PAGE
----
Golf Course Management

APR 2019

Golf Course Management magazine is dedicated to advancing the golf course superintendent profession and helping GCSAA members achieve career success.

Issue link: http://gcmdigital.gcsaa.org/i/1094722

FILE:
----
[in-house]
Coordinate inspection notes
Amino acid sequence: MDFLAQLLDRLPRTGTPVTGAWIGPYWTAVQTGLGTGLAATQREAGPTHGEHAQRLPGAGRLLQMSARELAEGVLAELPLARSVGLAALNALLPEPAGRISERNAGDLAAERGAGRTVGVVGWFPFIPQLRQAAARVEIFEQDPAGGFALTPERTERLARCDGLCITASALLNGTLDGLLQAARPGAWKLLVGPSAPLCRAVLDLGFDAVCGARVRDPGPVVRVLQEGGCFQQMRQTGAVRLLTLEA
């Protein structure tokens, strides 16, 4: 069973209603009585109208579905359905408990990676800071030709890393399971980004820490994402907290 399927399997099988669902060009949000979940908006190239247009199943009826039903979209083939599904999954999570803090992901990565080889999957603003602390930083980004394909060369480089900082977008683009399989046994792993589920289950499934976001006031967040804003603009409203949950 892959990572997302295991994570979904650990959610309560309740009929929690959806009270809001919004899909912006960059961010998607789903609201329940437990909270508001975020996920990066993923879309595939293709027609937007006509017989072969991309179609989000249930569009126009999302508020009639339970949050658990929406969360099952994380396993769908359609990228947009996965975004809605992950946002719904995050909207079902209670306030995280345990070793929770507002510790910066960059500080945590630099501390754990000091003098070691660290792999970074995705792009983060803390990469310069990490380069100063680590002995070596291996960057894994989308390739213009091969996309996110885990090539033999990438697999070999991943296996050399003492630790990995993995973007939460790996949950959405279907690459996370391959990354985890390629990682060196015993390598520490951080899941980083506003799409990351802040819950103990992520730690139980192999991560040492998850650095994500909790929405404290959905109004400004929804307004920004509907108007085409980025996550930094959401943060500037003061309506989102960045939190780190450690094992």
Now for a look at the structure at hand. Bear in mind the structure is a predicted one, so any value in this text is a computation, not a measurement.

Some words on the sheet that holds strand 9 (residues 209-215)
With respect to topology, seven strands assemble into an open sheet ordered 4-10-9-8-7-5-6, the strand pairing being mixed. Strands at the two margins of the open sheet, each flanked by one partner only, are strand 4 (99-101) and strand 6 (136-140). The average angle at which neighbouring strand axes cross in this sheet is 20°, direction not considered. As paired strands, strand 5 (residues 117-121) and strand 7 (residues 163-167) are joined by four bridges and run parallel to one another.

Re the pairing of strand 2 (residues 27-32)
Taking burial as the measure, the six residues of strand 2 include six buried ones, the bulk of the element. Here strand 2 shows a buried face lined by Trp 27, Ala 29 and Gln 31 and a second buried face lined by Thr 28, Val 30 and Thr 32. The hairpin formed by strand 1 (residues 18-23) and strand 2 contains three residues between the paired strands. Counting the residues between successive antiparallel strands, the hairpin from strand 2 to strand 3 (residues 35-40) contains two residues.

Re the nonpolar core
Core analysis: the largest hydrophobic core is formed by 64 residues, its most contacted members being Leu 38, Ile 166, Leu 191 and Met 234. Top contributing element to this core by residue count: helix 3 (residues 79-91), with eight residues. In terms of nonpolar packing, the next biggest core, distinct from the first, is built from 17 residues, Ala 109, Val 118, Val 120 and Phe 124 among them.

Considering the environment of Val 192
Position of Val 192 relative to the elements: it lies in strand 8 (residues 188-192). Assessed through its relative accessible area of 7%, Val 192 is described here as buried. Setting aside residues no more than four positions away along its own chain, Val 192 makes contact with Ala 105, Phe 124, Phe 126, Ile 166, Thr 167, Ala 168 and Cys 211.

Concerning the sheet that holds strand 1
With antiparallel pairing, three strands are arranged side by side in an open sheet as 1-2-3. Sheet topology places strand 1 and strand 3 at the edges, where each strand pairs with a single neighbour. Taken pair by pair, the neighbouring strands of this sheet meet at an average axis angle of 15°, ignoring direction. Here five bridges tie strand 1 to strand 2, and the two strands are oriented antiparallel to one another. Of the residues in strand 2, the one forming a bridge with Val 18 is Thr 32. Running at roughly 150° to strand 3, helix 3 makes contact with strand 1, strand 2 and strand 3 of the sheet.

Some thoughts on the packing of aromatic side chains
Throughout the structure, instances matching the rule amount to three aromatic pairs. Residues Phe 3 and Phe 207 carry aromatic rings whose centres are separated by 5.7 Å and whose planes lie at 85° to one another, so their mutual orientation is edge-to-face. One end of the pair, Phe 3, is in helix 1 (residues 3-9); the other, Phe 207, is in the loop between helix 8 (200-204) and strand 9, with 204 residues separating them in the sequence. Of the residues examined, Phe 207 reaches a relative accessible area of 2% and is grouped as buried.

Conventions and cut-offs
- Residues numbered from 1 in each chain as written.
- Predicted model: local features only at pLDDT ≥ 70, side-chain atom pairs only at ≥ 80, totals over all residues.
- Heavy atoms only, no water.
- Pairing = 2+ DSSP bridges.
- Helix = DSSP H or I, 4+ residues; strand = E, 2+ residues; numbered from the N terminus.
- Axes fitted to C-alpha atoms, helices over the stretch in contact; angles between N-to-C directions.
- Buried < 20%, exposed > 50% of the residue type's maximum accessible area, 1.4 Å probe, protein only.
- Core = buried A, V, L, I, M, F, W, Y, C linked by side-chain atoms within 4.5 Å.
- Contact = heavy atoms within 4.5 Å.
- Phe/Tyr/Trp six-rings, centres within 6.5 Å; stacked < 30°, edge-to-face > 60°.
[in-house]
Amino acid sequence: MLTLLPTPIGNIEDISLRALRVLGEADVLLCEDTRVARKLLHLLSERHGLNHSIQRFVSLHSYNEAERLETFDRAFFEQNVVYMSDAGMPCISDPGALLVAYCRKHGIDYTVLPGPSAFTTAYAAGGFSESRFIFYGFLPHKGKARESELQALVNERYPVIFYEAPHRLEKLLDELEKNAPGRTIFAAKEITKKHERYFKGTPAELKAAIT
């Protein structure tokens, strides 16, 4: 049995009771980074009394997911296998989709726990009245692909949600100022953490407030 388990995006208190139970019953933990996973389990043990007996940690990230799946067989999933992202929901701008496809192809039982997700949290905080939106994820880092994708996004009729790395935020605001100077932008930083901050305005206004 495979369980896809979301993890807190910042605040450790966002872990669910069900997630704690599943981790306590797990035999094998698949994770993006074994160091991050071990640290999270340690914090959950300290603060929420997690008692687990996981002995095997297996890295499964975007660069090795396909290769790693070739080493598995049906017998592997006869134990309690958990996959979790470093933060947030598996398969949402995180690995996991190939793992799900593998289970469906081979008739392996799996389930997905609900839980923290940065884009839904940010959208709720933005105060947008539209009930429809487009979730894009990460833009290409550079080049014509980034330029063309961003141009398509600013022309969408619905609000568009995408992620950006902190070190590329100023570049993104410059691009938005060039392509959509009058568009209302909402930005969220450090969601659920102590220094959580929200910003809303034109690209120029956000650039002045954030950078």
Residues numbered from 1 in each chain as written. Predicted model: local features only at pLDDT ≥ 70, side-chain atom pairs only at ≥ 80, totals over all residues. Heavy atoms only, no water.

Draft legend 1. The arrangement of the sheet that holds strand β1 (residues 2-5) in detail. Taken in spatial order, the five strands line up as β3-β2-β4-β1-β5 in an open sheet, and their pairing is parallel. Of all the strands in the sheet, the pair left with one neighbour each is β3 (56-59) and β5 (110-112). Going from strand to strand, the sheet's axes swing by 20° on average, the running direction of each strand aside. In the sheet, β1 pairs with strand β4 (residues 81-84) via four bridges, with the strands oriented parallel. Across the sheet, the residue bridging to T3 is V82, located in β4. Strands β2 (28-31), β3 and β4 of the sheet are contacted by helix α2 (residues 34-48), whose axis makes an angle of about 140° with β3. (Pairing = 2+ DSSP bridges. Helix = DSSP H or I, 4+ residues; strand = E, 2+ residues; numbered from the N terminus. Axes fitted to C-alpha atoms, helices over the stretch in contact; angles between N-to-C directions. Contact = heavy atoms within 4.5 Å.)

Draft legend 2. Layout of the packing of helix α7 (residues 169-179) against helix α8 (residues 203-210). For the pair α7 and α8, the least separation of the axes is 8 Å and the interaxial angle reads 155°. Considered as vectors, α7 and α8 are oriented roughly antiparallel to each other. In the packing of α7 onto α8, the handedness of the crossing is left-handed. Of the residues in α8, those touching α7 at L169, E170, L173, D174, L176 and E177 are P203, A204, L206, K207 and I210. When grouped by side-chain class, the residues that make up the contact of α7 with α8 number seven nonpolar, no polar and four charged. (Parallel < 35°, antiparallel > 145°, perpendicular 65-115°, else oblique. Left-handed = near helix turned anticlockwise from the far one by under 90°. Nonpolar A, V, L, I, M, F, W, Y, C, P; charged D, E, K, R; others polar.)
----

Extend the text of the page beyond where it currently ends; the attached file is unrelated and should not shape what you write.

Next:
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04.19 GOLF COURSE MANAGEMENT 79 • Alternative plant species that perform well under ultra-low-input management can help conserve resources. • In California, we examined low-mainte- nance grasses for grass density, height and NDVI measurements. • In Arizona, grasses were examined for uniformity, coverage and greenness. • Uniform irrigation was required to obtain even seed establishment and full plot area coverage. • Superintendents should consider how stand height and plant density can impact playability. The RESEARCH SAYS ized plant species as drought-tolerant plants; however, superintendents should be aware that consistent irrigation is necessary for suc - cessful establishment. Previous research has demonstrated lack of water is often a cause of seedling mortality in native and naturalized plants (5). In terms of stand height, super - intendents should consider how vegetation can impact playability. For example, in play - able areas, higher stand height can obstruct visibility of golf balls, and plant density can hinder the ability to find golf balls and, thus, affect pace of play (1, 2). Continued research replicated over loca - tions and seasons is needed to obtain more reliable information about each species' de - sirable growth characteristics, required in- puts and integrated pest management re- quirements. Funding California research was funded by the United States Golf Association. Arizona re - search was funded by the United States Golf Association, United States Department of Agriculture Specialty Crop Block Grant and the Horticultural Research Institute. Literature cited 1. Doak, T. 1992. The Anatomy of a Golf Course. Bur- ford Books, Short Hills, N.J. USGA Green Section research committee members view research plots at Camelback Golf Club in Scottsdale, Ariz. Photo by Worku Burayu 2. Jackson, D.B., S.D. Kelly and R.D. Brown. 2011. Design guidelines for integrating amphibian habitat into golf course landscapes. Landscape and Urban Planning 103:156-165. 3. McCarty, L.B, J.W. Everest, D.W. Hall, T.R. Murphy and F. Yelverton. 2001. Color Atlas of Turfgrass Weeds. Ann Arbor Press, Chelsea, Mich. 4. Moeller, A. 2013. Irrigate for playability and turf health, not color. USGA Green Section Record 51:1-6. 5. Moles, A.T., and M. Westoby. 2004. What do seedlings die from and what are the implications for evolution of seed size? Oikos 106:193-199. Maggie Reiter (mkreiter@ucanr.edu) is an area environ - mental horticulture advisor for University of California Cooperative Extension based in Central California. Kai Umeda is a turfgrass extension agent, and Worku Burayu is a research specialist with University of Arizona's Mari - copa County Cooperative Extension office in Phoenix.

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